Police detained dozens of students in the Nepalese capital yesterday as protests continued over the killing of 11 civilians by a soldier last week, student groups said.
Students blocked roads with burning tyres outside campuses, and threw stones and bricks at security personnel, according to eyewitnesses.
"The police and students clashed at several campuses in Kathmandu, between 50 and 60 were arrested," said Tek Raj Paudel, the general secretary of the Nepal Students Union.
The students stopped traffic in various part of the capital for around 30 minutes in the morning, Paudel said.
"Over 20 canisters of tear gas were fired as the police tried to unblock the road," said Tek Raj Pachhai, from the Free Students Union from Ascol College in the center of the city.
Around nine campuses held demonstrations, according to student sources, but most had stopped by noon yesterday.
Police said there had been a few clashes with students at several campuses. Stones and parts of bricks were thrown at police said the police officer who declined to be named.
There were no injuries or arrests, the police said.
Usually when students are detained during protests, they are released later the same day without formal charges being filed.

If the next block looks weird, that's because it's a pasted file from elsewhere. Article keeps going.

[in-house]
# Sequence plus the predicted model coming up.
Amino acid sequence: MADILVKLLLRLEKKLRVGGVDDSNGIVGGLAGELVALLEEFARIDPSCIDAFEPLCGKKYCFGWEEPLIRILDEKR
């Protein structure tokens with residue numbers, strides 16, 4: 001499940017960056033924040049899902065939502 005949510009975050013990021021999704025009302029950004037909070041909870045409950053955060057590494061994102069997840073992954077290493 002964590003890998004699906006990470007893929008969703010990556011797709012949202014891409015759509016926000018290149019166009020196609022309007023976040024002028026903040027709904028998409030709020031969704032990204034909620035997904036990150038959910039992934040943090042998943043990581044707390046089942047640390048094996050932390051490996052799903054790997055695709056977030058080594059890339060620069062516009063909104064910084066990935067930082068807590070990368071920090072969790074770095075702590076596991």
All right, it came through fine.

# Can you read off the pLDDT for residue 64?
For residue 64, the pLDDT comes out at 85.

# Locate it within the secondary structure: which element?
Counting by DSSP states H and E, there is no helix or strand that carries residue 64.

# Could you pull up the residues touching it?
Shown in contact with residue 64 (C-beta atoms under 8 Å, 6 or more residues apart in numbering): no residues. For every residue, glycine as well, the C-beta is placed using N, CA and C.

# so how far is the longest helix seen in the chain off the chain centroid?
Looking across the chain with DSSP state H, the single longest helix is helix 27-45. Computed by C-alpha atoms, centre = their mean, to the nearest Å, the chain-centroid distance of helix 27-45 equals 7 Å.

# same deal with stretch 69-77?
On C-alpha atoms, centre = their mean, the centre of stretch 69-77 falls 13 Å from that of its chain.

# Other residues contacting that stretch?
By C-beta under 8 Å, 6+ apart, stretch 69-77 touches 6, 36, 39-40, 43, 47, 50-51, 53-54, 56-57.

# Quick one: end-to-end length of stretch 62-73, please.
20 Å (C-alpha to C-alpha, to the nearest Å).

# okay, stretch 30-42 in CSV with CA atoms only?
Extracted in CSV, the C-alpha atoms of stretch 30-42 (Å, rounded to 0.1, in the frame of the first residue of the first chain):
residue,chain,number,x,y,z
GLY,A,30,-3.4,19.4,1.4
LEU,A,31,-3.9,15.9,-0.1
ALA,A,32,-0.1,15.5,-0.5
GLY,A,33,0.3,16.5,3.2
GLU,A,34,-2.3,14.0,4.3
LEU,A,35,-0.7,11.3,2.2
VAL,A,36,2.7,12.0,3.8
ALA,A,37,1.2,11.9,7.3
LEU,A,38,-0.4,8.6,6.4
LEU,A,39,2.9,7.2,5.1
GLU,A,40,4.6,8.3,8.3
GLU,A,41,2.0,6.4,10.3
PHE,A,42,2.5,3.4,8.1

A larger protest is planned for December 25, to continue the outcry against the massacre last Wednesday.
A soldier from the Royal Nepalese Army went on the rampage at a Hindu festival in a small town on the outskirts of Kathmandu and then apparently killed himself.
On Friday the seven main opposition parties called a general strike, bringing the capital to a standstill.
Communist rebels in Nepal plan to disrupt nationwide municipal elections scheduled for early next year, the leader of the rebels' student wing said.
"We will not allow the municipal elections to take place at any cost," Lekhnath Newpane told a handful of reporters Sunday at a village about 80 kilometers southeast of the capital, Katmandu.
"We will track down those who file for candidacy in the election and make sure they withdraw their names," he said, adding that the rebels also wouldn't allow the government to use schools and colleges as polling stations.
Newpane, who heads the All Nepal National Independent Student Union Revolutionary, refused to say what means the group would use to disrupt the February 8 election in 58 cities and towns across this Himalayan kingdom.
Nepal hasn't held municipal elections since 1998 because the previous poll, scheduled for 2003, could not be held because of rebel violence.
Newpane has been in hiding since the Maoist rebels, who claim to be inspired by Chinese revolutionary Mao Zedong, began fighting in 1996 to replace the constitutional monarchy with a socialist state. The insurgency has claimed about 12,000 lives.